L.A. Teacher Has A Bigger Impact Through Home Visits


I’m old enough to remember when doctors used to make house calls. I remember our family doctor coming into my bedroom, carrying his little black bag, and taking my temperature. Whether or not he cured what ailed me, his caring presence made me feel better.

My teachers, however, never came to my home. In fact, I didn’t know that teachers made house calls until I talked with Glenn Allen Jr.

Mr. Allen, whom we honored as an Alma Exley Scholar in 1998, began making home visits in his first year of teaching, and has been doing so ever since. Generally, he visits when a youngster is getting into trouble or has attendance issues.

“Sometimes when I say I’m going to their house, they don’t believe me,” he told me recently. “And they’re shocked when I arrive. But visiting students at home with their parents enables me to make a deeper connection. When I’m sitting on the couch in their living room, it brings our relationship to a different level.”

Mr. Allen, who grew up in East Hartford, Conn., has bachelor’s and master’s degrees from the University of Connecticut. He teaches Special Education English at Carson High School in the Los Angeles Unified School District. He has also served two years as a dean of students, and for several years he was on the coaching staffs for football and track & field.

I had the opportunity to visit Mr. Allen at Carson High School on a recent trip to Los Angeles. It was a great pleasure to see him in action with a class of 10th graders, who responded to his caring manner.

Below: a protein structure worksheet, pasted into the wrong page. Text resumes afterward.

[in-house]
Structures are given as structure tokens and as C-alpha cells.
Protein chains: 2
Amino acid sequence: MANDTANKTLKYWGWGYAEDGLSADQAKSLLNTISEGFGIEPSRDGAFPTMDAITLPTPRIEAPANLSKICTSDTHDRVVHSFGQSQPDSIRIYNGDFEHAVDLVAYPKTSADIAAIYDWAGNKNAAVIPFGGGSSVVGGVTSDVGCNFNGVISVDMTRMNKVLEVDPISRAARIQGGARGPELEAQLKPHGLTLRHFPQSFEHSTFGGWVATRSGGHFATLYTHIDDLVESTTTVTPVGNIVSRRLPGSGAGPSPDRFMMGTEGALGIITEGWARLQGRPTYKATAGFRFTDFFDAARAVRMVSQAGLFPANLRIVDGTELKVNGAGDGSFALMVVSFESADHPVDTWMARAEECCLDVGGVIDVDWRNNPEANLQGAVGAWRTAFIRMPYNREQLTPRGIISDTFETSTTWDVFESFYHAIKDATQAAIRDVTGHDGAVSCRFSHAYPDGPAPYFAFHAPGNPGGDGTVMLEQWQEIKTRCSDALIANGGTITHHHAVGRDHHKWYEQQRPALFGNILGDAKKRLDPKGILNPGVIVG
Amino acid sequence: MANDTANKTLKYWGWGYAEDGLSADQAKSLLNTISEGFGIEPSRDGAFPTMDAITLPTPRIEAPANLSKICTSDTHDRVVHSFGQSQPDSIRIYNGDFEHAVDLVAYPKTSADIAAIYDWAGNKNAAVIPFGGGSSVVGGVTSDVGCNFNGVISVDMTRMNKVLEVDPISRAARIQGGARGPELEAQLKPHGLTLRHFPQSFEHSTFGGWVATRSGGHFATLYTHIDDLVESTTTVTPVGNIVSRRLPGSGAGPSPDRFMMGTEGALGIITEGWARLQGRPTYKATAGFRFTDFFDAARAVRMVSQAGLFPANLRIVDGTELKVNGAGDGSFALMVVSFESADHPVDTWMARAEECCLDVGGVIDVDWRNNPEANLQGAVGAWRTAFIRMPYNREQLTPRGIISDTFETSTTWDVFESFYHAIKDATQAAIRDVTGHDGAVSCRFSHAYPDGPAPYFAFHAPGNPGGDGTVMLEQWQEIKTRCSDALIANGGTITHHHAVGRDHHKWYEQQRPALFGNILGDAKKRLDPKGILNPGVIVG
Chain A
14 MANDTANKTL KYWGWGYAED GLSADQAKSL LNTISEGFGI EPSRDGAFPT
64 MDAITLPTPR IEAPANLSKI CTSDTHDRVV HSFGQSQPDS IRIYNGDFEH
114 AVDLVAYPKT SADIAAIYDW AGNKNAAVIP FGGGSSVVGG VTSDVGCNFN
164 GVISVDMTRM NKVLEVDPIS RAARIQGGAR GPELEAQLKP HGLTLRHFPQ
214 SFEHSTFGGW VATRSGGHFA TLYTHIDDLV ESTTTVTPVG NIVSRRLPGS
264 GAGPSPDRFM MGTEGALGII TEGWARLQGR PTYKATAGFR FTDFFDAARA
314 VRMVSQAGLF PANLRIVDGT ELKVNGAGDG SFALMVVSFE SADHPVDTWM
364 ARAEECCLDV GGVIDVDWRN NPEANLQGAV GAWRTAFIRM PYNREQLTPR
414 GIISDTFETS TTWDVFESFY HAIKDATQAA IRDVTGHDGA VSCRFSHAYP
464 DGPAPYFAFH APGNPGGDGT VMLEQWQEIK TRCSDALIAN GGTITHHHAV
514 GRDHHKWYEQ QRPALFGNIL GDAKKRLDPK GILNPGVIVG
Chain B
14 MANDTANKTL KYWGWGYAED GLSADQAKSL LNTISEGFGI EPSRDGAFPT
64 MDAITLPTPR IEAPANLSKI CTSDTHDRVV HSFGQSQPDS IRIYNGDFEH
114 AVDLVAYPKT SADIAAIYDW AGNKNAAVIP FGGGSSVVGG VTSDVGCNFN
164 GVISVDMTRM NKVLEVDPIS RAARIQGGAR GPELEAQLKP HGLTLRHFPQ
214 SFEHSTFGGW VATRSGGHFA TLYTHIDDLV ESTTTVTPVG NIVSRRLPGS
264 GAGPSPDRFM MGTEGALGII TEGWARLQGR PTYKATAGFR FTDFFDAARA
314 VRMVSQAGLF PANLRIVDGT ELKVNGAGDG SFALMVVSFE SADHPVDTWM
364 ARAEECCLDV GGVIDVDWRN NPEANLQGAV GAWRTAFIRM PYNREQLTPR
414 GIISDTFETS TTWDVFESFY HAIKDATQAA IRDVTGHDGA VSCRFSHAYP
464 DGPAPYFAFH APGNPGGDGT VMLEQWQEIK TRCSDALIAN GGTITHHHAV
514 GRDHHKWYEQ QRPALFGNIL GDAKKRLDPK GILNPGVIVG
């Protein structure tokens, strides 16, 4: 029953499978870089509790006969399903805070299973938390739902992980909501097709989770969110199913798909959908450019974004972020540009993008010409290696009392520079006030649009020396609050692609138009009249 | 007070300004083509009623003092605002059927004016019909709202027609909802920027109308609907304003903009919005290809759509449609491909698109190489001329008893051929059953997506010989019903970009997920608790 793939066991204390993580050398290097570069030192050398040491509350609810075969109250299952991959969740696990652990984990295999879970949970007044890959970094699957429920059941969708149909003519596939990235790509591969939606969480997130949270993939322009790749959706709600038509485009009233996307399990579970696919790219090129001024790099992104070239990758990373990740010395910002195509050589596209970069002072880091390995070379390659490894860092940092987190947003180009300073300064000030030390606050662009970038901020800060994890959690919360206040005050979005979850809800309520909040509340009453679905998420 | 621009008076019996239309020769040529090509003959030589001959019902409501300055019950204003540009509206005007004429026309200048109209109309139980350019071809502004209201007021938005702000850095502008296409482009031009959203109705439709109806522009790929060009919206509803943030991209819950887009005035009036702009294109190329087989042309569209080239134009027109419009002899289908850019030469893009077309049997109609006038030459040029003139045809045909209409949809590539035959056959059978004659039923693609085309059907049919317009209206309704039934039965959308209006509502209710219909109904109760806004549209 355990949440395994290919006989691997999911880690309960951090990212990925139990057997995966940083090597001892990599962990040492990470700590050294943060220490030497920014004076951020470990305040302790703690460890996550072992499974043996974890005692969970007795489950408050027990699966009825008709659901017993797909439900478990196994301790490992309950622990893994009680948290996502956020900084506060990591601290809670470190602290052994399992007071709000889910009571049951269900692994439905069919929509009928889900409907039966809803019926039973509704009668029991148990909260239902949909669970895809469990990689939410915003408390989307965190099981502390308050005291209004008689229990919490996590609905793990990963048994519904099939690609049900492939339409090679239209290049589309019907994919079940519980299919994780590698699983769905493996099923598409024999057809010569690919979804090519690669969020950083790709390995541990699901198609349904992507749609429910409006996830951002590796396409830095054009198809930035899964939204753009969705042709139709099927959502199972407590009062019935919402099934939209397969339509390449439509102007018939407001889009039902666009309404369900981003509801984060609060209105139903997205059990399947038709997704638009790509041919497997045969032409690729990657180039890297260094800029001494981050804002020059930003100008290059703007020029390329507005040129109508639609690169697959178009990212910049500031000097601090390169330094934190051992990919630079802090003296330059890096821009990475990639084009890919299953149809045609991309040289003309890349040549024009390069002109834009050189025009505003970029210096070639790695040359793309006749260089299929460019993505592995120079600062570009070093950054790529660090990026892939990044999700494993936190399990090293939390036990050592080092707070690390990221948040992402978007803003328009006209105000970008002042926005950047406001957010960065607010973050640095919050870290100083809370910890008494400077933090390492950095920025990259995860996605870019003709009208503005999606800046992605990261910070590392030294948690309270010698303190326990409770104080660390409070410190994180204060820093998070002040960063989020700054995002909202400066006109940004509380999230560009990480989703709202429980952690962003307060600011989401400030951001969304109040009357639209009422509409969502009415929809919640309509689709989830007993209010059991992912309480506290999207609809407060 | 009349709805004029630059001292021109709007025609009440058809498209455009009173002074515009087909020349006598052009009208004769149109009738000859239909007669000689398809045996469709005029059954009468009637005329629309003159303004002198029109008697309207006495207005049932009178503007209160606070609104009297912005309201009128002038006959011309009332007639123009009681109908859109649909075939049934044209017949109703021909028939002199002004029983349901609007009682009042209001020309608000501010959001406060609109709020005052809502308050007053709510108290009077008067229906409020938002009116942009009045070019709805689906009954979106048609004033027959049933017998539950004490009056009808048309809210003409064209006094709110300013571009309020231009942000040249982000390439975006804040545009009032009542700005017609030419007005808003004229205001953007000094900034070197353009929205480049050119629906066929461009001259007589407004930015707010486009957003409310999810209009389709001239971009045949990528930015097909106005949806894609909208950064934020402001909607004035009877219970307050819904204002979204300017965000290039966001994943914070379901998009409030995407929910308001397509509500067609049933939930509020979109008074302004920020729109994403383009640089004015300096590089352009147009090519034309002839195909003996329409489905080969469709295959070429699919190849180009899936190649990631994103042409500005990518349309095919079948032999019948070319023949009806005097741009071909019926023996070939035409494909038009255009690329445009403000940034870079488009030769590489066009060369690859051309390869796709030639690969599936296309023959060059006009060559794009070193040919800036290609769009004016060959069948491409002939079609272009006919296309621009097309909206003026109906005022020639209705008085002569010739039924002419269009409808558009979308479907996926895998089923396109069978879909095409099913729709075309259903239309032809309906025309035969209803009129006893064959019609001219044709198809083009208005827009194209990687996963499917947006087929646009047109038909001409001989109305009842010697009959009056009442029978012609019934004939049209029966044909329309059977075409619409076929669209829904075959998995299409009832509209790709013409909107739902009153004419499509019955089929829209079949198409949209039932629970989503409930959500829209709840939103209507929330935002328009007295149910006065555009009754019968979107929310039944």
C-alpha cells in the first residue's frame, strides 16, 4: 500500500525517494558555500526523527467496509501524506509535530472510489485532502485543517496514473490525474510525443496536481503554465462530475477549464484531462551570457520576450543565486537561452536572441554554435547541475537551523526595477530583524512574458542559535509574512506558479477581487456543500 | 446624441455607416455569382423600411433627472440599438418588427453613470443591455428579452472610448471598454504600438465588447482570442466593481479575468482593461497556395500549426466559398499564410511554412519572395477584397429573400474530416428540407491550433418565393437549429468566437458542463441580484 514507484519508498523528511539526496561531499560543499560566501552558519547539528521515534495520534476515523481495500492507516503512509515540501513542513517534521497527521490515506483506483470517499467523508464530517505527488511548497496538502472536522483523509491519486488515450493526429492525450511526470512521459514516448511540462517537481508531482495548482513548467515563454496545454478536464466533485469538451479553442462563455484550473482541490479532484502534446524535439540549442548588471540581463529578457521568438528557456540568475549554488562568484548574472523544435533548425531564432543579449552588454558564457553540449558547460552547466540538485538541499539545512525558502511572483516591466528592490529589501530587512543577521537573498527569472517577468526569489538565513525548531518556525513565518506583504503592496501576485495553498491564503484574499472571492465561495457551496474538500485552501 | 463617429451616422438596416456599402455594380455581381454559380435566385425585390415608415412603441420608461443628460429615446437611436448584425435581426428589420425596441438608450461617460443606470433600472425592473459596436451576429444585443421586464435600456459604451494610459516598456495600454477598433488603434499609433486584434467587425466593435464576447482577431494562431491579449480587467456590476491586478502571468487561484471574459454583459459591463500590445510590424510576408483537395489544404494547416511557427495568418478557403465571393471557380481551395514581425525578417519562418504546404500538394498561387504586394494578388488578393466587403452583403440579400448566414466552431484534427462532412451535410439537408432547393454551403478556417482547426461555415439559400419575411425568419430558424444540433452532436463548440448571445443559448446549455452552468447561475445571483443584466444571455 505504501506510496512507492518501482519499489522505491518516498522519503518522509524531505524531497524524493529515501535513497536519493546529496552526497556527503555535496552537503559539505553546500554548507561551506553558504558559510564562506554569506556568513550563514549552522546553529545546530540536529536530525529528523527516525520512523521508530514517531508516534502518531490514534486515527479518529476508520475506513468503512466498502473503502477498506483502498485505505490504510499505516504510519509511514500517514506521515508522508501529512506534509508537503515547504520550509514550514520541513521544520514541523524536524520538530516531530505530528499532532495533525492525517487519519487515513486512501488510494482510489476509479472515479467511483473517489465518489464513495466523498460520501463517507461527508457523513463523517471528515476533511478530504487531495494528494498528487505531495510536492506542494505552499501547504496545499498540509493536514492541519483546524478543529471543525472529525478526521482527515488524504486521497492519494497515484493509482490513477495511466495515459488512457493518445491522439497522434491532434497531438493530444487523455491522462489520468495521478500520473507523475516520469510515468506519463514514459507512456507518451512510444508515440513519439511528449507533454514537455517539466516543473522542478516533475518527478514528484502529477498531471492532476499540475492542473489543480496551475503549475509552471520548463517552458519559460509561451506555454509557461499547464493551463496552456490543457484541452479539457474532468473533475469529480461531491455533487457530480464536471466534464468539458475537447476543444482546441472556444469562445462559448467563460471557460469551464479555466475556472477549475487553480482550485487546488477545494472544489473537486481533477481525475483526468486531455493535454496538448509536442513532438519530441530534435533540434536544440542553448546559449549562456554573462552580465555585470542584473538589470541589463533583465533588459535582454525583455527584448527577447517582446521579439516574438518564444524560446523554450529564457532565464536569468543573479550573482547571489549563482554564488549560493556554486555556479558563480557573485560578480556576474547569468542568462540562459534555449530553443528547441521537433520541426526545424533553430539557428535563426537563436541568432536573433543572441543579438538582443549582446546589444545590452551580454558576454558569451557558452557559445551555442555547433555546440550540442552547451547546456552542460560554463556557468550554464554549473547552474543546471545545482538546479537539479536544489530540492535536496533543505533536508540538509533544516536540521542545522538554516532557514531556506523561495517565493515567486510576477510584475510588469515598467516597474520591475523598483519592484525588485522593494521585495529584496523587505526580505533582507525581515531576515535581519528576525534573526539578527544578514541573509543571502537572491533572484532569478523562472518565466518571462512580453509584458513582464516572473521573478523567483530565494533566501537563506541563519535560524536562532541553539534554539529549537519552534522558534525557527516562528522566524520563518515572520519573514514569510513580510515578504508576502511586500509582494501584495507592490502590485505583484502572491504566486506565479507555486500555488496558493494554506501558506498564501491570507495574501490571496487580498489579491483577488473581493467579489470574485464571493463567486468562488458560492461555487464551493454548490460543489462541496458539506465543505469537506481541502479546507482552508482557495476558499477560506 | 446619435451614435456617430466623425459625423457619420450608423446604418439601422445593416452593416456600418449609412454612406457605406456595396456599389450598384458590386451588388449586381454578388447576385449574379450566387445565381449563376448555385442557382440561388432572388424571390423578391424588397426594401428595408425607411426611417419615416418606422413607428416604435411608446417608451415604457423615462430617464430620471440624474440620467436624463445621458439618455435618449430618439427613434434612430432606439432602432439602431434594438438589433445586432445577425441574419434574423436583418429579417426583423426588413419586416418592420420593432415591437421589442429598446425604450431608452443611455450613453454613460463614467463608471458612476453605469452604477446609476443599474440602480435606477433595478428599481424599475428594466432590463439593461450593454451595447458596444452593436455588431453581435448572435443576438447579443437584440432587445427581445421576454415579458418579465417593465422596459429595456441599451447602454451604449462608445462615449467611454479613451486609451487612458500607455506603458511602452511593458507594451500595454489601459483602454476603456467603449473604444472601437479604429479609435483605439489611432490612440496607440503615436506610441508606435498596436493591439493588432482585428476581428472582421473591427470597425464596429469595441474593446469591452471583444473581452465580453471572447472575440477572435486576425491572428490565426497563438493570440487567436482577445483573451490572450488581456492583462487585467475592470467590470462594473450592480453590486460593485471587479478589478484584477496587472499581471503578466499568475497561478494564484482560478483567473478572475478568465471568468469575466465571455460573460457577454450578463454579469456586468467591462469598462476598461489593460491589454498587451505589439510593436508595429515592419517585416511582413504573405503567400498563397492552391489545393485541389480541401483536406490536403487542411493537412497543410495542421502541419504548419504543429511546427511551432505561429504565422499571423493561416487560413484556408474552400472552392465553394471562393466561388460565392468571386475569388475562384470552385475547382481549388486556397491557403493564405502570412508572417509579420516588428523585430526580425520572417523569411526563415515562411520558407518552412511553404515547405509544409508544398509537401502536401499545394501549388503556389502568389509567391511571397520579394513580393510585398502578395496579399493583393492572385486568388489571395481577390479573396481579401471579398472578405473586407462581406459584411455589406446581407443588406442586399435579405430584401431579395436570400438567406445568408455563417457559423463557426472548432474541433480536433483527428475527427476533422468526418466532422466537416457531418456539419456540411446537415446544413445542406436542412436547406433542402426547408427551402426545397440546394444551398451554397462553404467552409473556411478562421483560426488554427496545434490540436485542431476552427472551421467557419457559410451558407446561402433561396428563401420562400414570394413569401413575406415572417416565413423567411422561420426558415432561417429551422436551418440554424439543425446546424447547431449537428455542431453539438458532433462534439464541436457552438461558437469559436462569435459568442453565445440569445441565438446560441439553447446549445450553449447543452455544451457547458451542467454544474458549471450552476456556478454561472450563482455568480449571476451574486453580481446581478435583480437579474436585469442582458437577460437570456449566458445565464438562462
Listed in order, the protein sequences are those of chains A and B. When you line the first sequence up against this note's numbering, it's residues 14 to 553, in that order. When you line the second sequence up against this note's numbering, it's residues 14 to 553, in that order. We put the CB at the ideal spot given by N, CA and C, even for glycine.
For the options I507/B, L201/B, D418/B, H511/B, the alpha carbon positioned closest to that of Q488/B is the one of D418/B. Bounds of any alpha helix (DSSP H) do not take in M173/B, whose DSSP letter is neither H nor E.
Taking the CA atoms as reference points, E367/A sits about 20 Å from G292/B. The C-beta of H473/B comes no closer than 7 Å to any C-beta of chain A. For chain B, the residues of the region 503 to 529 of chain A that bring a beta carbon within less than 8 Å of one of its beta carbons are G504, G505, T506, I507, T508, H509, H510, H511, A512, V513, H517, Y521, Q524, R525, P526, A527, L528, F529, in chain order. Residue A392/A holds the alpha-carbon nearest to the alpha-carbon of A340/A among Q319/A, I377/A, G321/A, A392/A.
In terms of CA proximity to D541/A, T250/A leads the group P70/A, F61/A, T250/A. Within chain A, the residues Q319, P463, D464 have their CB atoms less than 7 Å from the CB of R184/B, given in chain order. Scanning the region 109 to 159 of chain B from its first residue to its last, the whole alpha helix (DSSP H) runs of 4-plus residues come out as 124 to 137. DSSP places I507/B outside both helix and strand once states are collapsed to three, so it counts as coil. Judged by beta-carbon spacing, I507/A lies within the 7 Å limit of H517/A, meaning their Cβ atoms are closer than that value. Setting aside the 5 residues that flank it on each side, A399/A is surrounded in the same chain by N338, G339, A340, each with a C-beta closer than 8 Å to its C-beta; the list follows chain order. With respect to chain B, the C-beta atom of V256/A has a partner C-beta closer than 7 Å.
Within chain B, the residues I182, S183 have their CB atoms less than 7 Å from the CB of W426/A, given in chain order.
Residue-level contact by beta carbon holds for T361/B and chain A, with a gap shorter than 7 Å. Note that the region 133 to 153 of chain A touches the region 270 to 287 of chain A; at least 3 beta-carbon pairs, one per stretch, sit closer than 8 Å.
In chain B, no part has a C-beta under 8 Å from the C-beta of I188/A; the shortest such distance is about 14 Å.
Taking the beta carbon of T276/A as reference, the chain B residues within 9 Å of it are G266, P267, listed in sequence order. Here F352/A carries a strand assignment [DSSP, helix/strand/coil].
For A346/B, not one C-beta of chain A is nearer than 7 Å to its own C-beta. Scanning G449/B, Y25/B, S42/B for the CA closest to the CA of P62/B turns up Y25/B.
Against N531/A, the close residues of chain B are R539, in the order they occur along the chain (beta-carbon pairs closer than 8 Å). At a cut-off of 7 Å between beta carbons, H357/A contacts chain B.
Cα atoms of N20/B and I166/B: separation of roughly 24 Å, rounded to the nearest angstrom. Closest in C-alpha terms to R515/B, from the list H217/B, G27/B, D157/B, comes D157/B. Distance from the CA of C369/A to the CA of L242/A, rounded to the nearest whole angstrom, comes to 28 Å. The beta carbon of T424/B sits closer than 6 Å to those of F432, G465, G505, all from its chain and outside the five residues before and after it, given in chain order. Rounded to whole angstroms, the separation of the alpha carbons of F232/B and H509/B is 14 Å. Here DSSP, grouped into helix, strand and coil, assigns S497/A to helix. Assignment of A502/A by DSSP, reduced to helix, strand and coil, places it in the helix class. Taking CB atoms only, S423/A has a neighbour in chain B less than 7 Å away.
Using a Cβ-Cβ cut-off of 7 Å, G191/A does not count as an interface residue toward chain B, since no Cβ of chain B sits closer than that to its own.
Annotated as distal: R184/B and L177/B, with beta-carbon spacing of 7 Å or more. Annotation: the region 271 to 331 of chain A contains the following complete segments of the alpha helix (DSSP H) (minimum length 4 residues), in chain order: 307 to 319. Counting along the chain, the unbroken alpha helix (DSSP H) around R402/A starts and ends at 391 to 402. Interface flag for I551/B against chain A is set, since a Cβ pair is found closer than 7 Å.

“Making the effort to visit students at home always has an impact,” he said. “Over the past 14 years, not once have I been to a student’s home that his or her behavior hasn’t improved.”

When students have been in trouble, they’re usually resistant to Mr. Allen’s visits. Sometimes, when they greet him at the door, they tell him their parents aren’t home. Or Hispanic students sometimes tell him their parents don’t speak English. But he persists, and the students’ jaws drop when he speaks to their parents in fluent Spanish.

When students are resistant, he tells them, “Look, I don’t have to be here. I’m not getting paid extra to do this. I’m here because I care about you and want you to be successful.”

Showing that he cares has an impact. He continues to make these home visits because he sees the results in improved behavior and academic performance.

Mr. Allen says he has become more forgiving of students in the classroom as a result of seeing the conditions they are dealing with at home. Many of his students live in poverty, and some are in group homes.

“I wish more teachers would make home visits,” he said. “Some personal attention from the teacher can make all the difference.”

–      Woody Exley